Solarized color schemes in both the Terminal and Gedit

Recently, I have been using what will become Fedora 21 as my day-to-day machine, (side note: I have found it to be pretty stable for pre-release software). One really nice improvement that i am enjoying on Fedora 21 is the addition of the solarized color scheme in both the default terminal (gnome-terminal), and the default graphical text editior (gedit). Solarized comes in both light and dark variants, and really makes these applications look fantastic and works really well on a wide range of displays and screen brightness levels. From the solarized website:

Solarized is a sixteen color palette (eight monotones, eight accent colors) designed for use with terminal and gui applications. It has several unique properties. I designed this colorscheme with both precise CIELAB lightness relationships and a refined set of hues based on fixed color wheel relationships.

These color schemes are not enabled by default, but are easily switched to in the preferences for both gnome terminal and gedit.


Fedora Project community


  1. Leslie Satenstein

    Re Solarized schemes. I have a netbook that is fine at 800×600, except that the video driver software can’t handle colors that are close to each other in contrast. I found that what works best for this netbook, is either white on black, or black on white, and with normal or bold output (its in Gnome terminal mode).

    However, if I am in virtual terminal mode (ctl-alt-f2… ctl-alt-f6), vim works A1.

    Was W/B or B/W possible as configurable settings?

    • yes, all the other (exisiting) colour schemes (including white on black and black on white) are still present in gnome-terminal. Solarized is just another optional scheme you can choose from.

  2. Sam Birkhead

    Isn’t this from gnome 3.12 upstream and not specific to fedora?

    • Well neither is any of the GUADEC coverage here Fedora-specific. Does it matter? I’m loving the high-quality content here; that it’s relevant outside of Fedora is great but it’s clearly aimed at Fedora users.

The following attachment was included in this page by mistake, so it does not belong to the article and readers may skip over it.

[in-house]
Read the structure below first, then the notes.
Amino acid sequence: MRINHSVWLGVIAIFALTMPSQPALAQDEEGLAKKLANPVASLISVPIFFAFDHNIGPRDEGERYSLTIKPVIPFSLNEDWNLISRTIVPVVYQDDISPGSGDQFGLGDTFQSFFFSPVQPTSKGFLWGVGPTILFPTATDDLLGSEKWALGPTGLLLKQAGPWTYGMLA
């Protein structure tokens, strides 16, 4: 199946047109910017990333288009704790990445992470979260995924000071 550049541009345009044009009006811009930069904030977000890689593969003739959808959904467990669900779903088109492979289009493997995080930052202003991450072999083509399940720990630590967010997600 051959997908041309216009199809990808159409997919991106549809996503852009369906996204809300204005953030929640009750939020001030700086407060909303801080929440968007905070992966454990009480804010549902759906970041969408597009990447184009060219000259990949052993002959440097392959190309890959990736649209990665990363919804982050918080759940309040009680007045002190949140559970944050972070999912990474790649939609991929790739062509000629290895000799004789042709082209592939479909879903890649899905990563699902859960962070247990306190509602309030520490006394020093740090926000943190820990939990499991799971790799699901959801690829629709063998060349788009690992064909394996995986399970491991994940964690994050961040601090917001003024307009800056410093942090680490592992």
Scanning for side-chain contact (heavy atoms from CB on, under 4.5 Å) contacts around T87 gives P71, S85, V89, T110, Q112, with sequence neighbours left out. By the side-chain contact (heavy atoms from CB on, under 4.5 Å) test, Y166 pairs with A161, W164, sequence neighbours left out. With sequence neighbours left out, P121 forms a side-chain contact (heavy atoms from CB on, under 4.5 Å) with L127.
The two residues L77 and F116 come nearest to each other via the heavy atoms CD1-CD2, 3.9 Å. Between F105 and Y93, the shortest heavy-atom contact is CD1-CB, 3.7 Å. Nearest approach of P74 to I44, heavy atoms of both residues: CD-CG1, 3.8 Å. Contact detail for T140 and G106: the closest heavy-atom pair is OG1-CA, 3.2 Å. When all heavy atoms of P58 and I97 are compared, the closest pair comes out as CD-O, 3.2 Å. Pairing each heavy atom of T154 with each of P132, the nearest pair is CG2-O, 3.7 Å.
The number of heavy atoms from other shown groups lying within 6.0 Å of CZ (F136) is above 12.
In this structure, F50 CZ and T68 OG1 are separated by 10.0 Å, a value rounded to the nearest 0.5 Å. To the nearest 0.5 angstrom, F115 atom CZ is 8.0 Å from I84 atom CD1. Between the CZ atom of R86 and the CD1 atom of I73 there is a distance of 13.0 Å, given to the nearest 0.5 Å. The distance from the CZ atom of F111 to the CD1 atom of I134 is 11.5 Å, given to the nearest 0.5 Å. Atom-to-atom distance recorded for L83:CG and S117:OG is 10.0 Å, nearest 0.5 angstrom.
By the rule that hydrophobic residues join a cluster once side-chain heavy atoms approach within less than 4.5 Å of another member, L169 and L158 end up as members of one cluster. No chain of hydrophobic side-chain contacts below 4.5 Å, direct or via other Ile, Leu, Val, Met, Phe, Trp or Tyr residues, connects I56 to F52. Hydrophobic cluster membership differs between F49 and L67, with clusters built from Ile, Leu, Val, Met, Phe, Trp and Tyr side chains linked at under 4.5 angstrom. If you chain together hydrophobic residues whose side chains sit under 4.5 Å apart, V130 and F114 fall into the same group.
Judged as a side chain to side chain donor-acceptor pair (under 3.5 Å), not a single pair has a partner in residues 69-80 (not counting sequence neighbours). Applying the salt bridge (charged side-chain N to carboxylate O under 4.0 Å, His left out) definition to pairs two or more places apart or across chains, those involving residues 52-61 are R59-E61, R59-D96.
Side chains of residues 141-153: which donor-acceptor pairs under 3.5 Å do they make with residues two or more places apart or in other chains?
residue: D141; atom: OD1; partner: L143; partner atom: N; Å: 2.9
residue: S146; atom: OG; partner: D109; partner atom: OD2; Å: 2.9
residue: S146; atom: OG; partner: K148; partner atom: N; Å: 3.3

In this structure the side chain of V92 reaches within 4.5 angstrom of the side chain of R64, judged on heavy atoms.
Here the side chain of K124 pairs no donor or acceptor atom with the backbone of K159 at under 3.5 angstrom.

3. joel

    eso esta muy bien

  4. “These color schemes are not enabled by default, but are easily switched to in the preferences for both gnome terminal and gedit.”

    And what about making them enabled by default? It’s nice that we have them as options, but we should make the default system as good as possible because it’s all about the first impression and these color schemes makes such a big difference.

  5. Kimm0n0

    How do I turn this feature on?

    • You won’t be able to turn this on unless you are using a pre-release version of Fedora 21. If you are, you can turn this on in gnome-terminal by going to Edit > Profile Preferences, choosing the Colors tab, and then setting the colour scheme to Solarized Light or Solarized Dark.

      In gedit, go to preferences from the gedit app menu (the one up next to the activities hot corner), going to the “colors” tab, and then choosing “Solarized Light” or “Solarized Dark” from the list there.

Comments are Closed

The opinions expressed on this website are those of each author, not of the author's employer or of Red Hat. Fedora Magazine aspires to publish all content under a Creative Commons license but may not be able to do so in all cases. You are responsible for ensuring that you have the necessary permission to reuse any work on this site. The Fedora logo is a trademark of Red Hat, Inc. Terms and Conditions